Intrigued by poster Ernie's suggestion to try Taco Village on the Montebello / East LA line, I ventured out that way....
There are always little pockets of LA that one hasn't yet been to, and for me, this was one of them. I exited at Garfield and drove up Beverly, and noticed the street was just lined with all kinds of interesting looking taco joints, culminating with the "king" taco joint, King Taco, at the 710. I had that urge I'm sure many have had when you want to sample each and every place, but know you don't have the appetite. So hard to decide.
I actually HAD been to this King Taco quite a few times, but I'd always visited and jumped right back on the freeway. I love King Taco, but I wanted to try something new. So I circled back, since I had apparently missed Taco Village. I finally spotted it on the right.
Inside was a very small, homey, and comforable place, with just one cashier and a hard-working guy behind the grill. It was 3pm but the place was fairly full with families and couples. I ordered what "Ernie" had suggested - carne asada burrito with beans. I was amazed once again by how everything is always two or three dollars cheaper once you leave the westside: with a Coke the total was $4.65.
The burrito was ready instantly, and was presented OPEN. I've never seen this before. You then took your burrito to the salsa bar and loaded up with onions, cilantro, salsas, etc. What a great idea - leaving your burrito open. There was plenty of extra tortilla flopping over the side to compensate for my poor tortilla folding abilities.
This burrito was perfection - lean, but flavorful meat. So often carne asada is overly dry, stringy, or gamey. This was wonderful, with fresh pinto beans included.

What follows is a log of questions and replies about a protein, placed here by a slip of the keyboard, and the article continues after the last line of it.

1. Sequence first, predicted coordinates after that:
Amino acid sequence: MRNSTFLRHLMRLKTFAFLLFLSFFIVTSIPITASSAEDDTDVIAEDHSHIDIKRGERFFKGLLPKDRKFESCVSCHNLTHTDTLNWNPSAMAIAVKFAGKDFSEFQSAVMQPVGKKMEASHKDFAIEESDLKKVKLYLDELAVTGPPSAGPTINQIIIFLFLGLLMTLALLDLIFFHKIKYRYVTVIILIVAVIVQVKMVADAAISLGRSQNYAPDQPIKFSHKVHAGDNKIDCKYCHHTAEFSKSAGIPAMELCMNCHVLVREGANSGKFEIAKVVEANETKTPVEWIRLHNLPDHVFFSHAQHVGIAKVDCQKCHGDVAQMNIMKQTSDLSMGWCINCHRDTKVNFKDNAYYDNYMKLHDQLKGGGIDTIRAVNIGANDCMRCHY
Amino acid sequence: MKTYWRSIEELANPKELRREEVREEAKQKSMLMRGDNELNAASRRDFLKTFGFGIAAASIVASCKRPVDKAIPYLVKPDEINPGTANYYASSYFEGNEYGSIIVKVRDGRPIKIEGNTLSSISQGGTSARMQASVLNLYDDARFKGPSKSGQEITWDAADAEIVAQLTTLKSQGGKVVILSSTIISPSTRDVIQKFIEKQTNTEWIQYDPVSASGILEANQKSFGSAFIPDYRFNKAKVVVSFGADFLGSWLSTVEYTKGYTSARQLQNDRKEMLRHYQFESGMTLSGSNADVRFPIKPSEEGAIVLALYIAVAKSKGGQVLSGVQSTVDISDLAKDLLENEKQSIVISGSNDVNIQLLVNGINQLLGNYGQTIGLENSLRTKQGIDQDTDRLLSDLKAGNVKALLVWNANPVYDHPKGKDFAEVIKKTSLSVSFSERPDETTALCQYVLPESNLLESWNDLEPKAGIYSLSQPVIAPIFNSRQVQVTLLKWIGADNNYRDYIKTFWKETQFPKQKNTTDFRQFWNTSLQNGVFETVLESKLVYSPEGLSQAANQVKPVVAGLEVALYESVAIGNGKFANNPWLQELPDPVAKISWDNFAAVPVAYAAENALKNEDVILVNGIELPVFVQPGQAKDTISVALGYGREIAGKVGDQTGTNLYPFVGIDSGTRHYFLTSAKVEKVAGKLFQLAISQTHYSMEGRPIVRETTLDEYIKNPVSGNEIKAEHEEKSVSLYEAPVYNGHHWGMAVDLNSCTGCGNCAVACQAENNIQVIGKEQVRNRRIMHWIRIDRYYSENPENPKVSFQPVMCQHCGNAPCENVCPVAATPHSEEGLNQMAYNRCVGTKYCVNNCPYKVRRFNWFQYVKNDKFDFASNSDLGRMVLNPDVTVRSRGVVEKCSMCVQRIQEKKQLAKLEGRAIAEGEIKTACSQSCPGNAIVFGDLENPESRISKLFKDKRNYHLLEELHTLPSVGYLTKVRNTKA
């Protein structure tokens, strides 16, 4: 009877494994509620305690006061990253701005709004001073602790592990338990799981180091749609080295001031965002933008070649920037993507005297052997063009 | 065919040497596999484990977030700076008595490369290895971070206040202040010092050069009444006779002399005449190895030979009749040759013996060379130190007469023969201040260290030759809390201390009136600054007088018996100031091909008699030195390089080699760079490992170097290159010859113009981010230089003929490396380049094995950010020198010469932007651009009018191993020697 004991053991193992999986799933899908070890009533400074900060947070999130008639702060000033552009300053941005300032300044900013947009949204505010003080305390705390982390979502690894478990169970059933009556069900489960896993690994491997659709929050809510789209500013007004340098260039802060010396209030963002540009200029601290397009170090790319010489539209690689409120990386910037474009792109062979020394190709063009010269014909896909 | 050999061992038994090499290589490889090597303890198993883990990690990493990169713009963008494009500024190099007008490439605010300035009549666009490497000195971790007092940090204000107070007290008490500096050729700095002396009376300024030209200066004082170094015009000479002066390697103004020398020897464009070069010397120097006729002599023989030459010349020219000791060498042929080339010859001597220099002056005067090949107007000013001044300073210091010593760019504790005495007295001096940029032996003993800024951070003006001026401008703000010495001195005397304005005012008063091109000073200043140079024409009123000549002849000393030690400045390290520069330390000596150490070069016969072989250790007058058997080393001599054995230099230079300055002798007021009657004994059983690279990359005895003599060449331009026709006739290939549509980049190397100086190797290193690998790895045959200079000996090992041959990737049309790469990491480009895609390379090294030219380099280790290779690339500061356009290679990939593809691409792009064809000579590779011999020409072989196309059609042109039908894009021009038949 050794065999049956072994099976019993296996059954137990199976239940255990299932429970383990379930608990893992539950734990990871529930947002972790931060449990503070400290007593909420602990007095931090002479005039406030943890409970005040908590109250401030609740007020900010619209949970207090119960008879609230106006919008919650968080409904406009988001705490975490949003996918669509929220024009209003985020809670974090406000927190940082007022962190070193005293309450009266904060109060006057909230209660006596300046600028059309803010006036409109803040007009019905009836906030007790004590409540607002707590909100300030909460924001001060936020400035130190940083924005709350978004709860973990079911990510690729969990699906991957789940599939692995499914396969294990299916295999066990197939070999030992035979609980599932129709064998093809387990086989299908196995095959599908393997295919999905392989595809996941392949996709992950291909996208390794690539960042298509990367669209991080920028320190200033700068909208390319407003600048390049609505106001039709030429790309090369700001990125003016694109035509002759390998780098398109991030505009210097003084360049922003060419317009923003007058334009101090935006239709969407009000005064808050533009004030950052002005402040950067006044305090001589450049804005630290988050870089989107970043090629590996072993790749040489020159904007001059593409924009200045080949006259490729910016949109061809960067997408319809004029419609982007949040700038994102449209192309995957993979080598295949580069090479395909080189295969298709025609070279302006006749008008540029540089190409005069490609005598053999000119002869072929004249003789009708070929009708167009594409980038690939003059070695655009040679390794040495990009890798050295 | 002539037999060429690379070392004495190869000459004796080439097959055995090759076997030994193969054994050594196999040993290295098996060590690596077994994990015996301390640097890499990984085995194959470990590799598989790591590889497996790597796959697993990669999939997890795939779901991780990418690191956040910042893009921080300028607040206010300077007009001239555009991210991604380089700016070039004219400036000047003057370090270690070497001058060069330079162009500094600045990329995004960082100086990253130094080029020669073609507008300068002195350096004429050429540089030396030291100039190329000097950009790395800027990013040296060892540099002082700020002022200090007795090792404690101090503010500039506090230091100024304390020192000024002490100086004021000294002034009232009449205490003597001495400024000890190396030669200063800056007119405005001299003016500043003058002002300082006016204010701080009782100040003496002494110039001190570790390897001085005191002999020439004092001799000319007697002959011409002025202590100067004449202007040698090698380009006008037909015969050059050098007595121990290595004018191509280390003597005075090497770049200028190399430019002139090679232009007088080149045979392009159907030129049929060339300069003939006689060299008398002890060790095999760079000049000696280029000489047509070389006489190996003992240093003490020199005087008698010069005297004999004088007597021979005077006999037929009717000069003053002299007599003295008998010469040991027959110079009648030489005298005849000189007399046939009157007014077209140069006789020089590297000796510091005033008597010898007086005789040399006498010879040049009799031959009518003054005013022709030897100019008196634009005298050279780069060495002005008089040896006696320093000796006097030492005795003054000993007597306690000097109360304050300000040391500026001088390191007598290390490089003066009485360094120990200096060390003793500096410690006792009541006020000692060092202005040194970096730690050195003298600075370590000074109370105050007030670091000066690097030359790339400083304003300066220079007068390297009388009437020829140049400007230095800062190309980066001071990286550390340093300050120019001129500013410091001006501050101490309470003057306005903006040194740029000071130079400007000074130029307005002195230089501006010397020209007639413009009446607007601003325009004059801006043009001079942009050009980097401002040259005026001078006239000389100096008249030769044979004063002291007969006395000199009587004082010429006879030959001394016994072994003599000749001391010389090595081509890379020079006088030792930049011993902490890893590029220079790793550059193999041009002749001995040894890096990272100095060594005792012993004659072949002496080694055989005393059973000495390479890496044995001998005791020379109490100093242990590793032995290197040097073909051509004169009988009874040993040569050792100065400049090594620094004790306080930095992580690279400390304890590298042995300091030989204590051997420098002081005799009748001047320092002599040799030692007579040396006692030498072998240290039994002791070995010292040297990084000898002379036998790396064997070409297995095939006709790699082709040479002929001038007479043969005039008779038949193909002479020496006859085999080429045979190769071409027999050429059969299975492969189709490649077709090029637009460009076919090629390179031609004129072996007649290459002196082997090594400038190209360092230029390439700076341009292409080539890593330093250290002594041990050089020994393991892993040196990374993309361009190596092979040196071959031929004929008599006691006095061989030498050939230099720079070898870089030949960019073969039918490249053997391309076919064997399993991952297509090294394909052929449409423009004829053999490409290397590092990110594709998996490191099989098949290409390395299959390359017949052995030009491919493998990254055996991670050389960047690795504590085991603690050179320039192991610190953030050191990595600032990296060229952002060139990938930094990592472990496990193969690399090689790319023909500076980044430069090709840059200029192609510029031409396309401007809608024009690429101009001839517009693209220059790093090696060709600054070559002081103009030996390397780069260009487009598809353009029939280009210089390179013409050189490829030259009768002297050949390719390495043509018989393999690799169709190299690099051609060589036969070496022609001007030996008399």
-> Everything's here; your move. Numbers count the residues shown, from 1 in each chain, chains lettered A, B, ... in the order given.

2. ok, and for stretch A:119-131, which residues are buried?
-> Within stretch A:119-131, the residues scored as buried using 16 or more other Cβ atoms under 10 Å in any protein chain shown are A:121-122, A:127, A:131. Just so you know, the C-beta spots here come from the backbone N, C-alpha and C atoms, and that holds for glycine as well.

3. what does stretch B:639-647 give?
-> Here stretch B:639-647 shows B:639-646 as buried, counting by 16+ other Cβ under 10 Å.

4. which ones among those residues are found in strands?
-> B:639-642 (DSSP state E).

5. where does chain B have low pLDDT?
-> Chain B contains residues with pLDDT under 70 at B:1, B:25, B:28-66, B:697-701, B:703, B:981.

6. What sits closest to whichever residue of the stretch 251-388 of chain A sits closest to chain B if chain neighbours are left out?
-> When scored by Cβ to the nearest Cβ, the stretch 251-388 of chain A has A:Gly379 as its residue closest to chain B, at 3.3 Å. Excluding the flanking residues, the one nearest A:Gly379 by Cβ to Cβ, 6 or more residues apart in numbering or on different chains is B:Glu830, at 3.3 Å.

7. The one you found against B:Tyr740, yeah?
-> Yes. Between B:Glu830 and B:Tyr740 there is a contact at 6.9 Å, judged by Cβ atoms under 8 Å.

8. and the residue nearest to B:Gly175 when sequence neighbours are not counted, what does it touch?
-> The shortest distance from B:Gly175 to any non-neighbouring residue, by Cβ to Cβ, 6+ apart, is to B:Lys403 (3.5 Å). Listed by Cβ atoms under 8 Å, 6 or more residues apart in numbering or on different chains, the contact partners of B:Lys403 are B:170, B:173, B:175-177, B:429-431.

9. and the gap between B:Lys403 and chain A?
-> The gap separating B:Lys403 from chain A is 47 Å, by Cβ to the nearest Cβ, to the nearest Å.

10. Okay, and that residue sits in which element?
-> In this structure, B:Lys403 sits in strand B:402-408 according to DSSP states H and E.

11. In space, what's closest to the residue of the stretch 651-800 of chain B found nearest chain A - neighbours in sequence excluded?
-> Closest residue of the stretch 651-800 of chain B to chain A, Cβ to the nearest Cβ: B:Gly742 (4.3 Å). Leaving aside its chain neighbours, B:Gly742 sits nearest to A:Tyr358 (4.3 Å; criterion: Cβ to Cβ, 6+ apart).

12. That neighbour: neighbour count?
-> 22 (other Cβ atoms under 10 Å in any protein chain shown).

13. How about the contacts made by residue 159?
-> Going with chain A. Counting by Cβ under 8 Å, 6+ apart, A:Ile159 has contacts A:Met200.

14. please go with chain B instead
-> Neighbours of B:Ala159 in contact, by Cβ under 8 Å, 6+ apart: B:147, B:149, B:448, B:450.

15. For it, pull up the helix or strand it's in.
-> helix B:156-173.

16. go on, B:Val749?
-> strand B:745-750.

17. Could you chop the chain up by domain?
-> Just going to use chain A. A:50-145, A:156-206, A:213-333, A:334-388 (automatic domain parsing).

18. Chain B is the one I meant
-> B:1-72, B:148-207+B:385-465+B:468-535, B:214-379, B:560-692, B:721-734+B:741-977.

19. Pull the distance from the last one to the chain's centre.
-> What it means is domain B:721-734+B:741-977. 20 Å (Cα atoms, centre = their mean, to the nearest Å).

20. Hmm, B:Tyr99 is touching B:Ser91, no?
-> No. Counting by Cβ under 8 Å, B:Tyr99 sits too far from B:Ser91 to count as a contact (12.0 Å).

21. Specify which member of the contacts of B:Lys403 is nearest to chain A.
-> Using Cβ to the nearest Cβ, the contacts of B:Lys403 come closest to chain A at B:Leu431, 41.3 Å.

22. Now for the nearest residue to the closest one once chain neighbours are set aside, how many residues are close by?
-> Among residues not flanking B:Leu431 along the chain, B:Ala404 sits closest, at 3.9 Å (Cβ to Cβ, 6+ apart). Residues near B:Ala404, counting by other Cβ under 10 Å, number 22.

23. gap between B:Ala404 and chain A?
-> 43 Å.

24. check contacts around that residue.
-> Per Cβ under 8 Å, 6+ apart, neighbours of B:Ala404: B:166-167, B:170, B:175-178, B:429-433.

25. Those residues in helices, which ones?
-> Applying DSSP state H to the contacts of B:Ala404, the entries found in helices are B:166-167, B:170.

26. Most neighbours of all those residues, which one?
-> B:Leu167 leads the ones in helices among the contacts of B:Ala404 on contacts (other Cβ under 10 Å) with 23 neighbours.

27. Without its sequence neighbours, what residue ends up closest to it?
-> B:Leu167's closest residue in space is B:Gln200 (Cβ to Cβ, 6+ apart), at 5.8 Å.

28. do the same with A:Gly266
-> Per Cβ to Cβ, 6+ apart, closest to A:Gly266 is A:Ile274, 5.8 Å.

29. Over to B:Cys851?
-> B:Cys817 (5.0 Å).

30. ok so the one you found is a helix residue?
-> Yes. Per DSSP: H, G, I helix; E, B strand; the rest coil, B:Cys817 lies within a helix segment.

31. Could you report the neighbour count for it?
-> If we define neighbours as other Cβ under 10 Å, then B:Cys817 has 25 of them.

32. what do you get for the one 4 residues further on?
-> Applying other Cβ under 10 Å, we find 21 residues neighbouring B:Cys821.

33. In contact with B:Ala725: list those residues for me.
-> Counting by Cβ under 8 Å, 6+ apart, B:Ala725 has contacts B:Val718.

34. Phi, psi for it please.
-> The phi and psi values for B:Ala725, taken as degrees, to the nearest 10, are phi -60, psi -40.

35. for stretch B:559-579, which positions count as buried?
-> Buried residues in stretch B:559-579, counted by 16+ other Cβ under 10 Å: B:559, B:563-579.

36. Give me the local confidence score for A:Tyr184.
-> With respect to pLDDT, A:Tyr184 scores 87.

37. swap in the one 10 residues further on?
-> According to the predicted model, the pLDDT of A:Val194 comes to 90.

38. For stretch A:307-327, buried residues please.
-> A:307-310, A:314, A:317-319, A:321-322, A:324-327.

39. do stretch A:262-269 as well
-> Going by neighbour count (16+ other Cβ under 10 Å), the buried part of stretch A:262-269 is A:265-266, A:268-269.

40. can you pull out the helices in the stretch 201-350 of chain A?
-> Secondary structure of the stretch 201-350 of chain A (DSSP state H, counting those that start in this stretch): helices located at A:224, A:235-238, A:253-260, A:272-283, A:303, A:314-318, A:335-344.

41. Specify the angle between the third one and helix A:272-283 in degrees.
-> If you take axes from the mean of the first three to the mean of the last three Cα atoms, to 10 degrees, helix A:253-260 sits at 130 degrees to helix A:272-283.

Though I was full, I just HAD to sample one more burrito along this street. My choice was back near King Taco: Lupe's.
This place is apparently run by Lupe herself, and is a lot like Yuca's Hut in terms of size, service, and the family-run feel. Of course, unlike Los Feliz, there are no hipsters to be found in these parts - a plus. Lupe's (it's called Lupe's #2, so I guess there is at least one more...) looks like Jay's Jayburger or Great White Hut Hamburger Stand in Glendale, with little stools surrounding a tiny open kitchen.
I ordered the combo beef and bean burrito with green chile. The beef turned out to be the big chunky kind, a la Tito's, but seemingly a little better quality (not knocking Tito's of course.) It came with plenty of stewed green peppers inside and the same kind of sauce as Chano's (near USC) delicious Combo burrito. As I continued to chew, the beef reminded me more and more of homemade beef stew. Not what I had expected, but excellent. This burrito featured refried beans, which are my personal favorite in the black/pinto/refried choice department.
Again, the price was right - under $5 for this burrito and a Coke. The Coke had that rare treat - perfectly crushed ice which provides a great texture when drunk without a straw. Crushed ice is definitely underrated, IMO.
This burrito tasted great even though I was already full. I made a note to return when ravenous and experience even more joy. A "Special Burrito" was listed on the menu, but wiithout explanation. What could it be? Next time......
I should mention that both burritos had the softest, freshest flour tortilllas, something that really adds to one's burrito experience.
I drove back to the 710 and tried to remember all the other places I'd seen and wanted to try on the next visit, and then thought.....I'm really close to Alhambra. The perfect follow-up to these spicy burritos would be a trip to Fosselman's. It was just a quick 10 minute drive and I was soon enjoying a dark chocolate sugar cone. (Yes, I'm tempted every time to try an exotic flavor like lychee, but I always chicken out!)
Anyhow, if you want to try some delicious burritos, head to Beverly Boulevard just east of the 710, and if you try any other worthy spots, report back!